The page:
August and September (depending on the date your school starts) are crucial months for developing community and building relationships for the entire year. Your focus on connecting students for the first six weeks can make a significant impact on their experience and on the community you live in!

Bulletin Boards | Door Decs | Programming | First Floor Meeting | Calendar of Student Issues


Door Decorations (Door Tags)

door-mad-libsmDoor Mad Lib (76k file – MS Word) Door decoration that residents fill out with information about themselves, where they are from, and what their interests are. Simply adapt two fields then print on nice paper. (It would look nice on something like “cloud” paper). You might also consider putting each name on before you print them out and post them. 

Submitted by Micaela S – Kansas State University


Bulletin board downloads for August and September

Academic Success Bulletin Board: This simple board can be combined with some academic success brochures from your campus. Simply download, adapt to fit your school (there’s a place where you calculate how much money is lost for every skipped class, so you need to figure that out). Then, simply mount it on construction paper, and add your own creativity!




  • Social Programs – As you have certainly learned in training, the first six weeks of the first semester are the most critical time in building community on your floor. The first couple of weeks are especially crucial! Socials are an excellent way to get your residents to know one another. Check out ideas for social programs here!

First Floor Meeting

Use the forums! 

Issues Students May Face In the Months of August & September

As you plan your programs, keep in mind that there are “seasonal student issues” that you can program around. Keep these in mind as you determine what programs to offer. These may also help you identify issues your residents might be going through.


  • Homesickness – especially for freshmen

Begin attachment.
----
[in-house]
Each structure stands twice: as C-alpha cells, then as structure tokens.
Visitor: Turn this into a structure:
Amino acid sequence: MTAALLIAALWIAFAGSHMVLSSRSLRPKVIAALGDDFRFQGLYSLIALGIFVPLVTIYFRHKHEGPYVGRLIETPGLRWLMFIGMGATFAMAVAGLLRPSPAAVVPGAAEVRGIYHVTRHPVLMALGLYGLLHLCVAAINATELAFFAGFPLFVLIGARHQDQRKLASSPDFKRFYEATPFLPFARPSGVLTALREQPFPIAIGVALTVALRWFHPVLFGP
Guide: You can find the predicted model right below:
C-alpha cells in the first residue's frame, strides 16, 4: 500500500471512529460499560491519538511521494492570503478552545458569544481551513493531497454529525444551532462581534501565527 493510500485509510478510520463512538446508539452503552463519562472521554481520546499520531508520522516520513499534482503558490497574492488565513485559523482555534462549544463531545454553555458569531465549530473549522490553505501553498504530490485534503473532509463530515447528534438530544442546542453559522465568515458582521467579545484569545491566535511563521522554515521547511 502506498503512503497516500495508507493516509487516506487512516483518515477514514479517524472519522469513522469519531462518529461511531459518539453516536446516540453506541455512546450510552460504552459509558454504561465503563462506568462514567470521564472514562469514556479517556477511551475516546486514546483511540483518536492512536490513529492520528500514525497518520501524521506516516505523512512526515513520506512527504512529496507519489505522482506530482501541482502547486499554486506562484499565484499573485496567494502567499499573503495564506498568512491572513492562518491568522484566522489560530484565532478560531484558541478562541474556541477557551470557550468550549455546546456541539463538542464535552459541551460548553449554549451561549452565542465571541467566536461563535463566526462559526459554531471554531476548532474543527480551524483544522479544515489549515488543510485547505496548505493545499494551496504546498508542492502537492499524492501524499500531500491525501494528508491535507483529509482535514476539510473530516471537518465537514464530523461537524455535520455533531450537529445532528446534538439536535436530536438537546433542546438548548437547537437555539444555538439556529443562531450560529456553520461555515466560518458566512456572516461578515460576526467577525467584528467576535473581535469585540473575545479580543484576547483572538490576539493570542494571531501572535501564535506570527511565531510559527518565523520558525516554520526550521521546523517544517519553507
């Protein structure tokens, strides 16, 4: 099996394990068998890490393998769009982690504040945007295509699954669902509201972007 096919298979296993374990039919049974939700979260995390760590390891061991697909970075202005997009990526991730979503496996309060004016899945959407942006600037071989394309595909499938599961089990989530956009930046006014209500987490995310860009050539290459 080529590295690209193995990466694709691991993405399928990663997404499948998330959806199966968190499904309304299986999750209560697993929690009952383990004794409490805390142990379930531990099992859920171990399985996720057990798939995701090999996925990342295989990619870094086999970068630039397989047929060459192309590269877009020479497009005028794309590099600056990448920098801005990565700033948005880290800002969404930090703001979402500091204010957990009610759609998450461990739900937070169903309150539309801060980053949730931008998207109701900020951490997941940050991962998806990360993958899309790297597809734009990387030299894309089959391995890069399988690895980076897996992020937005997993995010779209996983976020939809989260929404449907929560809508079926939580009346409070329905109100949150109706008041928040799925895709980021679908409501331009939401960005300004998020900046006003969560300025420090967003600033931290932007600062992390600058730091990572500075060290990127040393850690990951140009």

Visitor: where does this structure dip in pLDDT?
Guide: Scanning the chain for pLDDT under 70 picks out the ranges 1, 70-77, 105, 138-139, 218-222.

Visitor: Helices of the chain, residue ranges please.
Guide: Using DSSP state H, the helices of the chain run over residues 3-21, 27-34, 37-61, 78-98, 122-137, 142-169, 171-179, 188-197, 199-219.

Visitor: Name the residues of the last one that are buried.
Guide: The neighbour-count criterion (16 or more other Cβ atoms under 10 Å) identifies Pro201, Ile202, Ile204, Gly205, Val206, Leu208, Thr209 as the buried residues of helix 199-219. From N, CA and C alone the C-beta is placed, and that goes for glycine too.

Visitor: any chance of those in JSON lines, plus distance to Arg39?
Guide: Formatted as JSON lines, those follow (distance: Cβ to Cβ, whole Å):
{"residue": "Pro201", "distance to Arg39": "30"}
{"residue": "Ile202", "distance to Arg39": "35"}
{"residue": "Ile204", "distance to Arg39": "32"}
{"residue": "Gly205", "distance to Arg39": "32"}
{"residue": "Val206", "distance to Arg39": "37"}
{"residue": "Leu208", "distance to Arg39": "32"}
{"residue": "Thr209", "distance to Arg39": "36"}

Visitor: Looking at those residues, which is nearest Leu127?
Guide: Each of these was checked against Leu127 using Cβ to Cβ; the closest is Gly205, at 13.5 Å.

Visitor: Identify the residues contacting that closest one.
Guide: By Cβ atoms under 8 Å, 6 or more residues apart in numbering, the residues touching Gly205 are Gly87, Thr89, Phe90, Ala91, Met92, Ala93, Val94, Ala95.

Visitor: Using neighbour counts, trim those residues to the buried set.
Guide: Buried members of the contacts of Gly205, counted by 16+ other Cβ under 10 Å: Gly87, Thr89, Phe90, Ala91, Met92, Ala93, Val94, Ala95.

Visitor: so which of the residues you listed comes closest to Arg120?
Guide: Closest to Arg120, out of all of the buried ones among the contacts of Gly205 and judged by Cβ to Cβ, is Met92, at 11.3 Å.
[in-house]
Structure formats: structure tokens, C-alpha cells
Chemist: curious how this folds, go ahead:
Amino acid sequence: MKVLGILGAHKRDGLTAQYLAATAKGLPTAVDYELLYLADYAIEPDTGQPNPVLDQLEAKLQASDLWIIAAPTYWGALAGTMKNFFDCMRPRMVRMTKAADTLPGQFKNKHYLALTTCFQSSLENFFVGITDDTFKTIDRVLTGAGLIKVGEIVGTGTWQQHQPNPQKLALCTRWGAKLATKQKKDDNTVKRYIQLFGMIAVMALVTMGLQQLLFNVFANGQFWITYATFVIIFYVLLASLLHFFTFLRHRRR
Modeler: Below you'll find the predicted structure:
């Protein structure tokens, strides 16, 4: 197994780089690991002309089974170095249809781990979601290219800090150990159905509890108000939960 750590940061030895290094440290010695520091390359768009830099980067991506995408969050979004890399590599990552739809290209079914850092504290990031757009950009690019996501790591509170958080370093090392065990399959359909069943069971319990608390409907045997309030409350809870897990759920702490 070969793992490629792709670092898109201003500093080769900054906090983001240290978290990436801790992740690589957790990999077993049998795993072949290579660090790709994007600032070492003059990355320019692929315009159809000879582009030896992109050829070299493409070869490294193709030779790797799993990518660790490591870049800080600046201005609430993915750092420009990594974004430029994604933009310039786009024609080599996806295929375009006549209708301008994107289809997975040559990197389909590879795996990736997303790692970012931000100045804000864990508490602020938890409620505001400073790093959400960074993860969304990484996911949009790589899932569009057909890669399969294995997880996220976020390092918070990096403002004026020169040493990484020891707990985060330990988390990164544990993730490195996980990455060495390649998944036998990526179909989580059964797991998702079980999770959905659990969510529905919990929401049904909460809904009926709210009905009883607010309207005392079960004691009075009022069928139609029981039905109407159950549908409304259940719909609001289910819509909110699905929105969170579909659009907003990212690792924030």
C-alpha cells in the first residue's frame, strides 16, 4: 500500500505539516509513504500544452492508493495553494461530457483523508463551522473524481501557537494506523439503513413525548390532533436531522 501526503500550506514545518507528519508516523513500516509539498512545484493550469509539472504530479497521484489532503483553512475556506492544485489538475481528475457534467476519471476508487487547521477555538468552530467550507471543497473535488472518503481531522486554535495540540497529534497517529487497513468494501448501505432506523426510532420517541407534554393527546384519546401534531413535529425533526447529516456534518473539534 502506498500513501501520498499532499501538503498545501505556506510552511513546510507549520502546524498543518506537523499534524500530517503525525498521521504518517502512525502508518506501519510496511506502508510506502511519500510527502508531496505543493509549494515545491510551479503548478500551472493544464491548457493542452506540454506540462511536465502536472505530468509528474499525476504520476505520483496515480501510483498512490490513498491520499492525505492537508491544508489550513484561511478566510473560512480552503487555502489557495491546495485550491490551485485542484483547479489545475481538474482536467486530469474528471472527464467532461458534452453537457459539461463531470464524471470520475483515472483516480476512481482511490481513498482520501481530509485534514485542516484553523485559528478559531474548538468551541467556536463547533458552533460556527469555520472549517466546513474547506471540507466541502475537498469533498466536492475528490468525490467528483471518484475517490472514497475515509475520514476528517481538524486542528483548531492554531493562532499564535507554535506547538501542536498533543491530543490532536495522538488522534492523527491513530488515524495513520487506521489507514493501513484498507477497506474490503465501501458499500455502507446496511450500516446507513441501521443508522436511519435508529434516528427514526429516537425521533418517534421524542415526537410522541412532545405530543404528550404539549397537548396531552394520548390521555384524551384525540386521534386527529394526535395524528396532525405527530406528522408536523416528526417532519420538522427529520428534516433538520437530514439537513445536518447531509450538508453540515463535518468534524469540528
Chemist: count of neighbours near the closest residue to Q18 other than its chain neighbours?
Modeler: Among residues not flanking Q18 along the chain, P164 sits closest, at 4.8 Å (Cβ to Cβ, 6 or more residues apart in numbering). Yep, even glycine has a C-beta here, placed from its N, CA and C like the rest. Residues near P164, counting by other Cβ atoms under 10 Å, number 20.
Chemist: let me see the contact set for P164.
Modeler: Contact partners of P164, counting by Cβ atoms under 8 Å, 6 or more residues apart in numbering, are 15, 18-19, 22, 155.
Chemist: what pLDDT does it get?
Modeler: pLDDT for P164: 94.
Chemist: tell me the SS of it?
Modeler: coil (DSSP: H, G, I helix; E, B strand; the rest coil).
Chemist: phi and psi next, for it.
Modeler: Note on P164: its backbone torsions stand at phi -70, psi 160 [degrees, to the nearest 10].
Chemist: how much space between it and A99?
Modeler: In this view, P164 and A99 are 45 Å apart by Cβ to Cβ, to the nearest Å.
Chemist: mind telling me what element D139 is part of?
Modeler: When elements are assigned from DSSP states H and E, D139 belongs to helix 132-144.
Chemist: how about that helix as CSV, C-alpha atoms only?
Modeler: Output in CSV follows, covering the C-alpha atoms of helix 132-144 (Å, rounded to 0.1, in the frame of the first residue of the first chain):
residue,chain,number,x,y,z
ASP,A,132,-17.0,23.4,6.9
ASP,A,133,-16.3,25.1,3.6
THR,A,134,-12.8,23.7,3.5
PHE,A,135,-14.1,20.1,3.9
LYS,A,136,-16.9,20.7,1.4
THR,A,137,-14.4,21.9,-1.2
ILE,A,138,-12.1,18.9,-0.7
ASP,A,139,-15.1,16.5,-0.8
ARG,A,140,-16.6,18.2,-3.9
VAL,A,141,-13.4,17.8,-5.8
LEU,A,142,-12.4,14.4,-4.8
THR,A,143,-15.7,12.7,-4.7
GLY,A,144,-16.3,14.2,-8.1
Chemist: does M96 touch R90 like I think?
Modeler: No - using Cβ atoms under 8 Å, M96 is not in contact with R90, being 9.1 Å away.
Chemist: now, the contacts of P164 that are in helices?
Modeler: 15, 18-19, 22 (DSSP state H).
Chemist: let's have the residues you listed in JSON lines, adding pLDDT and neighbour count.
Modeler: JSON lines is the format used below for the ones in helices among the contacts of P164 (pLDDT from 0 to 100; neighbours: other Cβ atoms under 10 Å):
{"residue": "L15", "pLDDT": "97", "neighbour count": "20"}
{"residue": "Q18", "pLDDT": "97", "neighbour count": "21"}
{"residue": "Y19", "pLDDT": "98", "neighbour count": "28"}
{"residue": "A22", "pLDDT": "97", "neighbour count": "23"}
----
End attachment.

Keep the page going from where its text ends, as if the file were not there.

• Roommate conflicts caused by personality differences, lack of understanding and unwillingness to compromise or the new experience of having to live with someone.
  • Initial adjustment to academic environment – feelings of inadequacy and inferiority develop because of the discrepancy between high school status and grades and initial college performance.
  • Class size, especially in mass lecture halls, lack of personal interest by professors and performance expectations are also major factors.
  • Values exploration – students are confronted with questions of conscience over conflict areas of race and alcohol experimentation, morality, religion and social expectations.
  • New social life adjustments – including new freedom of not having to check with parents about what time to be in, having the opportunity to experience new areas, making your own decisions on when to conduct social activities and establishing yourself in a peer group.
  • Initial social rejections – creates feeling of inadequacy when not immediately accepted in a peer group, or into a social sorority or fraternity.
  • “En-loco parentis” problems – students feel depressed because of real or perceived restrictive policies and regulations of the college.
  • Campus familiarization – includes becoming familiar with campus, classrooms, buildings and meeting places. Long-distance relationship – torn between being loyal to your significant other from home and going out with new people. Can the expectations of both people be adequately met?
  • Financial adjustment – involves adjusting to a somewhat tighter budget now that they are in schools opposed to when they were living at home. Students who are supporting themselves have to adjust to budgeting their money also.
  • International student adjustment – experience a sense of confusion, vulnerability and a lack of any advocate in higher positions, while trying to make a successful cultural and academic transition.
  • Family problems seem amplified because the student may either be caught in the middle, relied on for the answer or because they are far away, feeling helpless in helping reach a solution.
  • Adjusting to “Administrative Red Tape” with students soon realizing that it is usually a long and frustrating process when trying to find an answer to what seems to be a simple question, or trying to work something through the administrative process.
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August and September Ideas and Resources reviewed by on August 22, 2014 rated 4.7 on 5.0